The director of the AMA Institute for Ethics, Matthew Wynia, MD, MPH, agreed that time plays a factor in physician thinking when faced with a difficult professional or ethical decision.
"These decisions involve allocation of scarce resources -- the most common of which is time," Dr. Wynia said. "An individual doctor must care deeply about providing the best care to an individual patient -- but they also have to see all their patients that day."
Getting around a coverage exclusion by explaining less-expensive options or trying to convince a patient to pay for something out of pocket takes time, Dr. Wynia said, and that compounds the ethical dilemma.
"If you have eight minutes to wrap up a visit, do you want to embark on a 30-minute conversation about why they should use drug A vs. drug B?" he asked.
In his own research on physicians manipulating reimbursement rules for patients, Dr. Wynia found that 39% of physicians who responded to the survey said they sometimes exaggerated the severity of patients' conditions, changed patients' billing diagnoses or reported signs or symptoms a patient did not have to secure coverage for needed care.
While these statistics might trouble physicians and insurance companies, Dr. Wynia said the public was "unperturbed" by the findings of his study published in the April 12, 2000, Journal of the American Medical Association.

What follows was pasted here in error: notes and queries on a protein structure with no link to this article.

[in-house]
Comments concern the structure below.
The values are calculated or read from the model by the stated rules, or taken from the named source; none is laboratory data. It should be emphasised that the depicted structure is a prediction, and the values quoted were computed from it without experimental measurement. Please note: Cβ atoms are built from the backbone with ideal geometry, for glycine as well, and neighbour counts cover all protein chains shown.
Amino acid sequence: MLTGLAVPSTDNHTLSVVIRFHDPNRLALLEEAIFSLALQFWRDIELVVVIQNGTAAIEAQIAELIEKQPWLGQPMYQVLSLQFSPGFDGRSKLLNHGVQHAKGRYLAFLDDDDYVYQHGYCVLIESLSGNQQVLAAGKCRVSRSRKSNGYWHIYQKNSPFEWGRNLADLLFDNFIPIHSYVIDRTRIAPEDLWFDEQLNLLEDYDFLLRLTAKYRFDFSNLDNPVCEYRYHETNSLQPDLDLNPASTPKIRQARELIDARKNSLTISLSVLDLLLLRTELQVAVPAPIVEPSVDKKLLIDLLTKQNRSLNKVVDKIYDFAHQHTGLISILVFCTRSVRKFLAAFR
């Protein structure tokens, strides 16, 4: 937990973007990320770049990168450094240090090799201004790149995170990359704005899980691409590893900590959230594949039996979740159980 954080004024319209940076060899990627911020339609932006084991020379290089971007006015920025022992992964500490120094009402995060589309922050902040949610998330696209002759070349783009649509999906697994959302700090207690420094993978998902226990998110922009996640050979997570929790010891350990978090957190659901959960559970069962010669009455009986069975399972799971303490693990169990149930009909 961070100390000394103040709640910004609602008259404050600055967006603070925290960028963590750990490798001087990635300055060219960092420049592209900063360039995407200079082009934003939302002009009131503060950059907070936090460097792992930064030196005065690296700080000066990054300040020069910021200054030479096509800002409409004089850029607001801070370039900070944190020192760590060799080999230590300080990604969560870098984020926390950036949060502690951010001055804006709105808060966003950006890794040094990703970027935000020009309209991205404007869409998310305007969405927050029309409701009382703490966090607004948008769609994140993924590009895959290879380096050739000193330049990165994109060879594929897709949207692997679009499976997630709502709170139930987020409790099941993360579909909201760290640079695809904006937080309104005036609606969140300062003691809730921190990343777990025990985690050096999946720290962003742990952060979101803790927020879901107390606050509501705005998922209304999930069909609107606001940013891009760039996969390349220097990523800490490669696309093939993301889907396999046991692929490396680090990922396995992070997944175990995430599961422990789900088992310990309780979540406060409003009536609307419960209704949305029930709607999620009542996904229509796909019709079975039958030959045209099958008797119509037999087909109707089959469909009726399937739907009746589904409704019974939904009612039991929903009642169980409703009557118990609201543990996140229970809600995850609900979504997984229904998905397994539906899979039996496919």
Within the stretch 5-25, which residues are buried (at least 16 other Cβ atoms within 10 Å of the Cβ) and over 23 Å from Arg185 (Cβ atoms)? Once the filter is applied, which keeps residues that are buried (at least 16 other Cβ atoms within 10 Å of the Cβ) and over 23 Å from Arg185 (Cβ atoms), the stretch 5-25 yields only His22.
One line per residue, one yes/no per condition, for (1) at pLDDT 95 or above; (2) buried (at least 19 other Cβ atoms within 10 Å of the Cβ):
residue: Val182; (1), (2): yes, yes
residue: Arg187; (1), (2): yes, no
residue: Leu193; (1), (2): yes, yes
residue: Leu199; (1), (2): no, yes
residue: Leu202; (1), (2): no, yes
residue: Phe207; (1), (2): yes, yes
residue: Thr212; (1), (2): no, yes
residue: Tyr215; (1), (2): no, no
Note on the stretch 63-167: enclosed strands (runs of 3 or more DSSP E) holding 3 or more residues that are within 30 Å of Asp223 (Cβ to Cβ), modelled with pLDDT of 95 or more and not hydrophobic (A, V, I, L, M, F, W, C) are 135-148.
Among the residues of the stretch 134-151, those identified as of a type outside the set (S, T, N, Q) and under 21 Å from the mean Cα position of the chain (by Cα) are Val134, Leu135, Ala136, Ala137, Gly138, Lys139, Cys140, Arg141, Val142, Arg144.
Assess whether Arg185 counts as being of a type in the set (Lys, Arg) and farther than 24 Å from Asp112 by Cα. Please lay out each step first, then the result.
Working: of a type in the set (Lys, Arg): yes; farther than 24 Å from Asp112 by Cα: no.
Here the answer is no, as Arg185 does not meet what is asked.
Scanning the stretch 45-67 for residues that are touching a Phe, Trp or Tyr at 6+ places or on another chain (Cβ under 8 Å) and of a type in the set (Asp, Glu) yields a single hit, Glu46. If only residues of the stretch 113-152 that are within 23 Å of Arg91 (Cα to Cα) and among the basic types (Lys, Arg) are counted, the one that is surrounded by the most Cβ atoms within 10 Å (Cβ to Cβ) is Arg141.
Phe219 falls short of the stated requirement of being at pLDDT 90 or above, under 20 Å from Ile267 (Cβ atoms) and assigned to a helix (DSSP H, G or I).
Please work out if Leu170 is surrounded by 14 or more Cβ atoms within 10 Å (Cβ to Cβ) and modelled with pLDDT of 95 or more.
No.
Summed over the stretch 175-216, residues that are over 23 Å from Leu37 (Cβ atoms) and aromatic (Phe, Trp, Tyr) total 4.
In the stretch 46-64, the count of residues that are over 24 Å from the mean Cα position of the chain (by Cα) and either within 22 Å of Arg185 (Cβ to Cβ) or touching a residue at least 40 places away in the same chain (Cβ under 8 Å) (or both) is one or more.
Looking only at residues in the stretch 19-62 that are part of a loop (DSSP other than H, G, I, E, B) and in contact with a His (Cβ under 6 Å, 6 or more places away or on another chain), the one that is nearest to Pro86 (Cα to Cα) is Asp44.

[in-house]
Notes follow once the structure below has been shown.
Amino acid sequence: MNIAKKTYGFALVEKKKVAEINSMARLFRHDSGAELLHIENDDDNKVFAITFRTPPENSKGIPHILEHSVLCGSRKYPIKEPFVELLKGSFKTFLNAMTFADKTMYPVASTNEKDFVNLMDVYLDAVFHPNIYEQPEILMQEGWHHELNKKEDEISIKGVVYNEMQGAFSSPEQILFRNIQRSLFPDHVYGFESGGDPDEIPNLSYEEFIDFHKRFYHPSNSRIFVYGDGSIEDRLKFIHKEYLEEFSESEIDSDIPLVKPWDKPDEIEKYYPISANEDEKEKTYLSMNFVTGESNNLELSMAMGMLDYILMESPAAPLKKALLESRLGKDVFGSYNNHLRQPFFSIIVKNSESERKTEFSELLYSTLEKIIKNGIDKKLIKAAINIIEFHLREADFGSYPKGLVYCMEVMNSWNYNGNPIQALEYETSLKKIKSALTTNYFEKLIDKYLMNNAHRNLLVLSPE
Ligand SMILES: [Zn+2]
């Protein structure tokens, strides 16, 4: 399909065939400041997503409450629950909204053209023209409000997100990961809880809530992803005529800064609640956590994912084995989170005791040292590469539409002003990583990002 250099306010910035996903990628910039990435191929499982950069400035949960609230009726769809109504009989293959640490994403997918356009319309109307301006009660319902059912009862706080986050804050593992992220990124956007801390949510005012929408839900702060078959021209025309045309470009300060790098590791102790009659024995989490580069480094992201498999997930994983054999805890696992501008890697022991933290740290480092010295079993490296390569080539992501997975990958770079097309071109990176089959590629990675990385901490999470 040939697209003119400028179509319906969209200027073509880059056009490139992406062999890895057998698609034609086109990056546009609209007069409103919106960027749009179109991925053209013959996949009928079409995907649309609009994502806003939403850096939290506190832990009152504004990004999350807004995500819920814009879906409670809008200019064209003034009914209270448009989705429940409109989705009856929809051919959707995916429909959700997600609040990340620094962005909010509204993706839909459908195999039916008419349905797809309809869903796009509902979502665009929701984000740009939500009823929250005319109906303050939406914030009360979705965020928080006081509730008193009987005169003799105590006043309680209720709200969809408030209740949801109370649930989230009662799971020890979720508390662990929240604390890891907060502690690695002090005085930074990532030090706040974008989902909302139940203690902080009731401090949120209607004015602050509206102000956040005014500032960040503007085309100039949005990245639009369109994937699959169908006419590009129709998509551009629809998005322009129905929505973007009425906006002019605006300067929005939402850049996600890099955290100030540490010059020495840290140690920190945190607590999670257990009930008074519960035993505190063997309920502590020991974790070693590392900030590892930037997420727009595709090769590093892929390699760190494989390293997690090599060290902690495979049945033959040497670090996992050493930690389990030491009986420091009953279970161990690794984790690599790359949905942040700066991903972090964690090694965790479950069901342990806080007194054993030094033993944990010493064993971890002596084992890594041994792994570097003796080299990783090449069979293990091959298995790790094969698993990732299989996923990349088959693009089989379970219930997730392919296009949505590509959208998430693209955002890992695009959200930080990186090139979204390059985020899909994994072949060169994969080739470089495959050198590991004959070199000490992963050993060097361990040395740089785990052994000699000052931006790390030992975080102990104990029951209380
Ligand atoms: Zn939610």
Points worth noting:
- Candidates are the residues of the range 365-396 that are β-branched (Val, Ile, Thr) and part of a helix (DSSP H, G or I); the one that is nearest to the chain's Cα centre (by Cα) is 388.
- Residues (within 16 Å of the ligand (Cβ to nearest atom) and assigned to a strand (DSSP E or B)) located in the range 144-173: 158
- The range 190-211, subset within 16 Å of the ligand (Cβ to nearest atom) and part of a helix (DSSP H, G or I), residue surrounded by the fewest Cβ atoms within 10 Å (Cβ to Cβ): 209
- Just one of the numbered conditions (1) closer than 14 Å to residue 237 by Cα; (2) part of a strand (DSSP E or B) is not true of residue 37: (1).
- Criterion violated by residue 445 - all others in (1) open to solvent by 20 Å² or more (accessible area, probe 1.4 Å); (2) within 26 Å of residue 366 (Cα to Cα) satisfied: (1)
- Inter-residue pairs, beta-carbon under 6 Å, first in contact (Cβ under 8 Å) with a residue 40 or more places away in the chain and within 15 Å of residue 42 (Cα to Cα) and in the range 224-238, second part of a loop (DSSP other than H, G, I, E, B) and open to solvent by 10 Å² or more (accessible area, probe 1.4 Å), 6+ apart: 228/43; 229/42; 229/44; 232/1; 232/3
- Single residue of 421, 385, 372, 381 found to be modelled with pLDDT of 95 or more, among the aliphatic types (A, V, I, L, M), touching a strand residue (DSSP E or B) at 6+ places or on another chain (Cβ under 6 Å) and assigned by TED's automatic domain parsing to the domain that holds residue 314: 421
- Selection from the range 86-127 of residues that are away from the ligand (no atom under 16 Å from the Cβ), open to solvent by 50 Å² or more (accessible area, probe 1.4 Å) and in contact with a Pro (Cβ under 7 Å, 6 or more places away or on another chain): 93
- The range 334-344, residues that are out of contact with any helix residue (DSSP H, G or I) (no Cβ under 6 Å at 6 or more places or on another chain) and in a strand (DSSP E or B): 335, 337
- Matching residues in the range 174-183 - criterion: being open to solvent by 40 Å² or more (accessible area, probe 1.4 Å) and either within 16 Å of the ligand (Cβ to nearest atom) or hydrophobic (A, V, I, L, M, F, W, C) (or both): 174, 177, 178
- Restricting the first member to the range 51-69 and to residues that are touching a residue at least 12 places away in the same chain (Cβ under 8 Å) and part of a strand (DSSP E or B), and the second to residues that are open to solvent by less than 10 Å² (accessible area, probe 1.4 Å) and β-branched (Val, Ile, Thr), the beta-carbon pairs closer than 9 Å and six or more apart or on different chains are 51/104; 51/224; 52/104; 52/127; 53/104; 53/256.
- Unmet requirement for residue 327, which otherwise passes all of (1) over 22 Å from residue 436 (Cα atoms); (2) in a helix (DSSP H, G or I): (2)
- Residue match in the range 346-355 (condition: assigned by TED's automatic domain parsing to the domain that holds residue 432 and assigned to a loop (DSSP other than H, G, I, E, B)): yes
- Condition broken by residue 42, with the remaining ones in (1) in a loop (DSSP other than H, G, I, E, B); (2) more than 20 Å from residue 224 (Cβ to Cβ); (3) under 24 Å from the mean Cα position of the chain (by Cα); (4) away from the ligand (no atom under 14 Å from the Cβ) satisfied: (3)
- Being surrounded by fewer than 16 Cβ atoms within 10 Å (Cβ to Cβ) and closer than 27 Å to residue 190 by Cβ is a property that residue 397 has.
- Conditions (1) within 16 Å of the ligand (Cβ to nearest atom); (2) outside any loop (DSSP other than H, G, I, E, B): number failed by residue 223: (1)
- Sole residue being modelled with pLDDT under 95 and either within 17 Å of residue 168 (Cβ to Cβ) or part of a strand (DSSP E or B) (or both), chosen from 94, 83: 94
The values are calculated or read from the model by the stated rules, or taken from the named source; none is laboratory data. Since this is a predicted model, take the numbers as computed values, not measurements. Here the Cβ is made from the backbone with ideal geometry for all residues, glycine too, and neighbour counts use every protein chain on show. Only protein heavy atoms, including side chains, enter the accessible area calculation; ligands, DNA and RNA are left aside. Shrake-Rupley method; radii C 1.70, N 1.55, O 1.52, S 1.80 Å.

"A lot of the response was: 'Go doctors, I'm really glad someone's on my side in this crazy health care system,' " he said.
Dr. Wynia compared the public reaction to an audience watching "Les Miserables," in which a man is hounded for the rest of his life for stealing a loaf of bread.
"Everyone in the audience is on the side of the person who stole the bread," he said. "The lesson here ... is not to make thievery legal when the intent is to feed your children, but to look at the social system that forced someone to steal in order to feed their children."
Susan Pisano, spokeswoman for the Washington, D.C.-based industry group America's Health Insurance Plans, though, questioned the level of public support for lying to insurance companies.
She said the reason studies could indicate support for exaggerating symptoms is that surveys use "sanitized language" in framing the question. Instead of using terms such as "deception" or "gaming the system," she recommended that less-benign terms be used and that the consequences of fraudulent behavior be better explained.
"The cumulative effect of this level of deception would be to make everyone pay more for health care," Pisano said. "Someone pays for that [unauthorized] service, and, generally, it's the other policyholders. If consumers and patients thought about what it might mean and it wasn't characterized as a benign activity, I think you would see more opposition from patients."